The whole line surged forward, as the men of the regular cavalry regiments — the First, Third, Sixth, and Tenth — rushed Kettle Hill alongside the Ninth Cavalry and the Rough Riders. Lieutenant John J. Pershing of the Tenth — whose service with black troops earned him the nickname ‘Blackjack’ — remembered that charge as a moment of unification: ‘White regiments, black regiments, Regulars and Rough Riders, representing the young manhood of the North and South, fought shoulder to shoulder, unmindful of race or color . . . mindful only of their common duty as Americans.’

Atop El Pozo an assortment of officers, foreign observers, and journalists watched in amazement. The foreigners were as one in condemning the folly of the charge. ‘It is gallant, but very foolish,’ said one officer. Melancholy New York World reporter Stephen Crane was lost in the glory of it all. ‘Yes, they were going up the hill, up the hill,’ Crane wrote. ‘It was the best moment of anybody’s life.’

It was certainly the best moment of Colonel Theodore Roosevelt’s life. He was the only man on horseback, but his life seemed charmed. ‘No one who saw Roosevelt take that ride expected him to finish it alive,’ wrote correspondent Richard Harding Davis. ‘He wore on his sombrero a blue polka-dot handkerchief, la Havelock, which, as he advanced, floated out straight behind his head, like a guidon.’ Like Crane, Davis was overcome by the sheer emotion of the charge. ‘Roosevelt, mounted high on horseback, and charging the rifle-pits at a gallop and quite alone, made you feel that you would like to cheer,’ he declared.

Forty yards from the summit, a wire fence stopped Little Texas. Roosevelt dismounted and with his new orderly, Arizona miner Henry Bardshar, jumped the fence and blazed away at the Spanish troops above them. Bardshar killed two Spaniards directly in front of them. Other Rough Riders crowded forward, firing their Krags and taking cover behind the huge sugar cauldrons near the summit. New Mexico troopers planted their guidons on the summit as the defenders fled.

From Kettle Hill Roosevelt could see General Jacob Kent’s First Infantry Division moving painfully up San Juan Hill. At the same time the Rough Riders came under both artillery and volley fire. Suddenly, they heard a drumming sound and a cry went up that the Spaniards had machine guns. Roosevelt, however, recognized the sound. ‘It’s the Gatlings, men, our Gatlings!’ he exclaimed. The troops cheered as Lieutenant John Parker’s battery of rapid-fire Gatling guns raked the Spanish trenches on San Juan Hill.

With the enemy pinned down, now was the time to act. Roosevelt impetuously rushed forward, leaping a wire fence and heading toward San Juan Hill to support the infantry. Suddenly he realized that he had only five men with him, and within moments two of them were hit. Leaving his surviving comrades behind, he angrily backtracked to the crest of Kettle Hill. ‘We didn’t hear you!’ the Rough Riders exclaimed sheepishly. ‘We didn’t see you go. Lead on. We’ll follow.’ And off they went.

They rapidly crossed the little valley, splashing through the pond and up the hill toward the Spanish trenches. Roosevelt and Bardshar were in the lead when two Spaniards jumped up and fired directly at them. Roosevelt returned the fire, killing one of them. The enemy was now in full retreat as Roosevelt’s men overran the trenches and pushed over the crest of San Juan Hill. Suddenly they found themselves overlooking the city of Santiago. As Roosevelt and his exhausted men stood there a staff officer came up, ordering a halt. The men were to entrench and hold the ridge at all costs. Roosevelt found he had but 339 men still fit for service.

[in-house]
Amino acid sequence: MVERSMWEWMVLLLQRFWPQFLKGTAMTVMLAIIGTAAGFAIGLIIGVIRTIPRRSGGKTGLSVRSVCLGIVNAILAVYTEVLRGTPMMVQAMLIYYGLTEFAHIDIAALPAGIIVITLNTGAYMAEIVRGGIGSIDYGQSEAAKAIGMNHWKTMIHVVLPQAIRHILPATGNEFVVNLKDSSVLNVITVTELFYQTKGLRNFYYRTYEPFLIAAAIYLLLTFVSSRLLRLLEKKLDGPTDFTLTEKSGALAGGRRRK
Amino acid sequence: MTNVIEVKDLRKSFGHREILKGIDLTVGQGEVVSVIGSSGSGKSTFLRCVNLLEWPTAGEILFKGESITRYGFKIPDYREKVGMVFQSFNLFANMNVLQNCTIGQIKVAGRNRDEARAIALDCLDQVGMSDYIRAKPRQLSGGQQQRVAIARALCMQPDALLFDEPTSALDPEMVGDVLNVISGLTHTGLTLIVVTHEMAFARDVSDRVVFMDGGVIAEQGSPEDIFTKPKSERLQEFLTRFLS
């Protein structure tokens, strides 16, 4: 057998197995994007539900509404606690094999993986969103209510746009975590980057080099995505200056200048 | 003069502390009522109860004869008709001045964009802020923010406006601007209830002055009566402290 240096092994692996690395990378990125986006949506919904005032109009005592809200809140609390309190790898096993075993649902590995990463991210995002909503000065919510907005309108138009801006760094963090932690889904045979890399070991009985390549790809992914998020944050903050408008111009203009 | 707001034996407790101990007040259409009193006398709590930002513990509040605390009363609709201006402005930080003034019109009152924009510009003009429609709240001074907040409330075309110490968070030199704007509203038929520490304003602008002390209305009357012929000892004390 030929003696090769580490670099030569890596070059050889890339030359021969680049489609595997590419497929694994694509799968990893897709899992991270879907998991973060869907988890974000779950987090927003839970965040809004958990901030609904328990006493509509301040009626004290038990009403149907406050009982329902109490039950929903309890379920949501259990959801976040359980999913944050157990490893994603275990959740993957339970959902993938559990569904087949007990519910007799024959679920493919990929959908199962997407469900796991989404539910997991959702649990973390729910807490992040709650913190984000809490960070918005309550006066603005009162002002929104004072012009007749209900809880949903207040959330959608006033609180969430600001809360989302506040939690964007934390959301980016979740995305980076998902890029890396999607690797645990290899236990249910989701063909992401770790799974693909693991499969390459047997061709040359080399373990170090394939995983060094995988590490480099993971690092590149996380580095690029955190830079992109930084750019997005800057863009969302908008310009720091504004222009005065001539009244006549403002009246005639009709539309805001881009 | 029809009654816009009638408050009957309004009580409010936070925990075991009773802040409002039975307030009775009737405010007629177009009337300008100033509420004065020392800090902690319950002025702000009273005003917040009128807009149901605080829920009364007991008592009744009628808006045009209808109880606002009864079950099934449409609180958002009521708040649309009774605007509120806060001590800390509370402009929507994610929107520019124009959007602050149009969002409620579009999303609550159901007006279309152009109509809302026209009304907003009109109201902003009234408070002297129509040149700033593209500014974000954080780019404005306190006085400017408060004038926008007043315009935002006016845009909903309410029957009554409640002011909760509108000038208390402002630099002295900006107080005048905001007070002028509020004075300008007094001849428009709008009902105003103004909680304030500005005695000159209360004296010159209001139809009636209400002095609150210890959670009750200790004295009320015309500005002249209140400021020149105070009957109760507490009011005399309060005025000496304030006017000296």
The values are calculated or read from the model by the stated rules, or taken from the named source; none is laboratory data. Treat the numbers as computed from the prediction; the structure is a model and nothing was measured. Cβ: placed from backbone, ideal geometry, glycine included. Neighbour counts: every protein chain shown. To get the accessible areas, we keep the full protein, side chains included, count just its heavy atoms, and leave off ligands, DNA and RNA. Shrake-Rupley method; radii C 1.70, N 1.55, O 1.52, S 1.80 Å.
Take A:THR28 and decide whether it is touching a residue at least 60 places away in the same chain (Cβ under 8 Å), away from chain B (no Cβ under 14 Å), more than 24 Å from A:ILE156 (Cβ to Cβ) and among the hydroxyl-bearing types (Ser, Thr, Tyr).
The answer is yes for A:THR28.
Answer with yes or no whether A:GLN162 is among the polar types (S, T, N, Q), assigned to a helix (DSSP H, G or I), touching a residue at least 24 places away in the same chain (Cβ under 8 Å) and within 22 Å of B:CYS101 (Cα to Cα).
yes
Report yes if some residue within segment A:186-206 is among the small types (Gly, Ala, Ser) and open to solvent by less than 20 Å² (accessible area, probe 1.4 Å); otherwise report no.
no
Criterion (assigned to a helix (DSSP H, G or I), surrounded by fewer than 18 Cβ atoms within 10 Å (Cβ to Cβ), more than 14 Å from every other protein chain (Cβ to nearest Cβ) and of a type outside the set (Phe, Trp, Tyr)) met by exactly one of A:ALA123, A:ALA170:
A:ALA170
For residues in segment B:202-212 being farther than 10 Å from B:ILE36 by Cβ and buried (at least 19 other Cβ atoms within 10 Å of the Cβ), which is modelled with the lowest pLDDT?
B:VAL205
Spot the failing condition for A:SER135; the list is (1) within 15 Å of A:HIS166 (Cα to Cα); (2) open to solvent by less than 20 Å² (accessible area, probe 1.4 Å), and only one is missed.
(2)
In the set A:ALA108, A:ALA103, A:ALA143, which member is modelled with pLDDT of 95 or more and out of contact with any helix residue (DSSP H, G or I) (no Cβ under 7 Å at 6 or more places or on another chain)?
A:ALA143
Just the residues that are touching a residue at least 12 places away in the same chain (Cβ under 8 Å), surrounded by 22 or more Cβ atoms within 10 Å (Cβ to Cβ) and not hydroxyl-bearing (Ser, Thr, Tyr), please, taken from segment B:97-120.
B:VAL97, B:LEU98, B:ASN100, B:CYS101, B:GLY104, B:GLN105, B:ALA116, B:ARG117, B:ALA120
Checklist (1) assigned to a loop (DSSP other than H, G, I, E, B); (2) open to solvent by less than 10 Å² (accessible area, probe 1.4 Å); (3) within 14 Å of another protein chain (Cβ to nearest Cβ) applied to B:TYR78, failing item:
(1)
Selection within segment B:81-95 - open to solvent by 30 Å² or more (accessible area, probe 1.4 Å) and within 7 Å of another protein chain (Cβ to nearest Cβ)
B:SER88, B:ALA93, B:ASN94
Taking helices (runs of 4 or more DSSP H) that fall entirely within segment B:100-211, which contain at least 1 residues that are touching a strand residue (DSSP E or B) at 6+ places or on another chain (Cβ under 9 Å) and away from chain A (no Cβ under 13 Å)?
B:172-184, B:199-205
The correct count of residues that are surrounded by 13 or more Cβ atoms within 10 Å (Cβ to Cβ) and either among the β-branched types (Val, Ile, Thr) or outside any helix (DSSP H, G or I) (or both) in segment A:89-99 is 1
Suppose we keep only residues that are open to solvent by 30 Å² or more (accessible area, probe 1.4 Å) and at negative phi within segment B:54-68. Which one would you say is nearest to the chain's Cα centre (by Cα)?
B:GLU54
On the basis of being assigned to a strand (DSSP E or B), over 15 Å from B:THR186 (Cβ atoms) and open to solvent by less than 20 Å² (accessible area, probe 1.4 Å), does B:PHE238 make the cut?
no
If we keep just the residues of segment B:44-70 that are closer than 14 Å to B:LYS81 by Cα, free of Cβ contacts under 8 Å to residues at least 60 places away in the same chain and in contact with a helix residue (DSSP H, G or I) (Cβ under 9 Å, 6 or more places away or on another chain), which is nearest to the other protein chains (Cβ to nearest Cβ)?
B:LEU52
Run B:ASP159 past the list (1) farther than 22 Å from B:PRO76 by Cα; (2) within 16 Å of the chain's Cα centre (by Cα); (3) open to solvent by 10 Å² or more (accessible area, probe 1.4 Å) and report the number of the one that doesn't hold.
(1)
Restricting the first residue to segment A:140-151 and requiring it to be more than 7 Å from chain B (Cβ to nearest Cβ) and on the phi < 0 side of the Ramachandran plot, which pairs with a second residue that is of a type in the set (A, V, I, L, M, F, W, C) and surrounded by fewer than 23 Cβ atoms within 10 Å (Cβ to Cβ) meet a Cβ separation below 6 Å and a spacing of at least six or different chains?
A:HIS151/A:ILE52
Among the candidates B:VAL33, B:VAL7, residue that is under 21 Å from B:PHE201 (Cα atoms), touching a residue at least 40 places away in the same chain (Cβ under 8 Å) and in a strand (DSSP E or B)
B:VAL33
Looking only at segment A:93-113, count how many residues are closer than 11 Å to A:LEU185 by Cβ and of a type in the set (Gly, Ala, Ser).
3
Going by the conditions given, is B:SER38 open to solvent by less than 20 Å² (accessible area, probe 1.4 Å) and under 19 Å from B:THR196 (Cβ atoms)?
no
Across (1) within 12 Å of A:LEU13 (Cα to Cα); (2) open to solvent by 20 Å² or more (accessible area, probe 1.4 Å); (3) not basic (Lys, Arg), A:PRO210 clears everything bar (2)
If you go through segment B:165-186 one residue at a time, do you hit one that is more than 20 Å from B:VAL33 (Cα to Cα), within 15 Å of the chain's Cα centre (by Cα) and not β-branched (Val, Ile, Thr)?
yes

Shafter, far to the rear, was characteristically unsure of the outcome. He had lost more than 220 men killed and 1,000 wounded since daybreak and now actually contemplated retreating from the exposed San Juan Heights. Little did he realize how fortunate he had been that General Linares had committed but 1,200 men to defend the Spanish positions. Roosevelt was simply disgusted with his commander. ‘Not since the campaign of Crassus against the Parthians has there been so criminally incompetent a general as Shafter,’ he wrote to his friend Lodge. ‘The battle simply fought itself.’

Two days after the battle, Admiral Cervera’s small squadron challenged the American fleet under Commodore Schley and Admiral William T. Sampson and was promptly wiped out. Santiago then surrendered to General Shafter on July 17. On August 12 the humiliated Spaniards agreed to an armistice that secured the freedom of Cuba and transferred Puerto Rico, Guam, and the Philippines to the United States. The Spanish-American War was over.

Soon after the battle of July 1, Theodore Roosevelt posed with his Rough Riders atop the crest of San Juan Hill. Volunteers and regulars — Hispanic Americans, Native Americans, African Americans, and Anglo Americans — stared grimly yet proudly at the camera. They did not yet know it, but on that bloody hillside they had not only helped liberate Cuba, they had moved to heal their own country’s sectional wounds and made their nation into a world power. Roosevelt had led them, as he soon would the whole nation, into the new century. San Juan Hill was a moment of momentous transition — for the world would never be the same again.


This article was written by Paul Andrew Hutton and originally published in American History Magazine. For more great articles, subscribe to American History magazine today!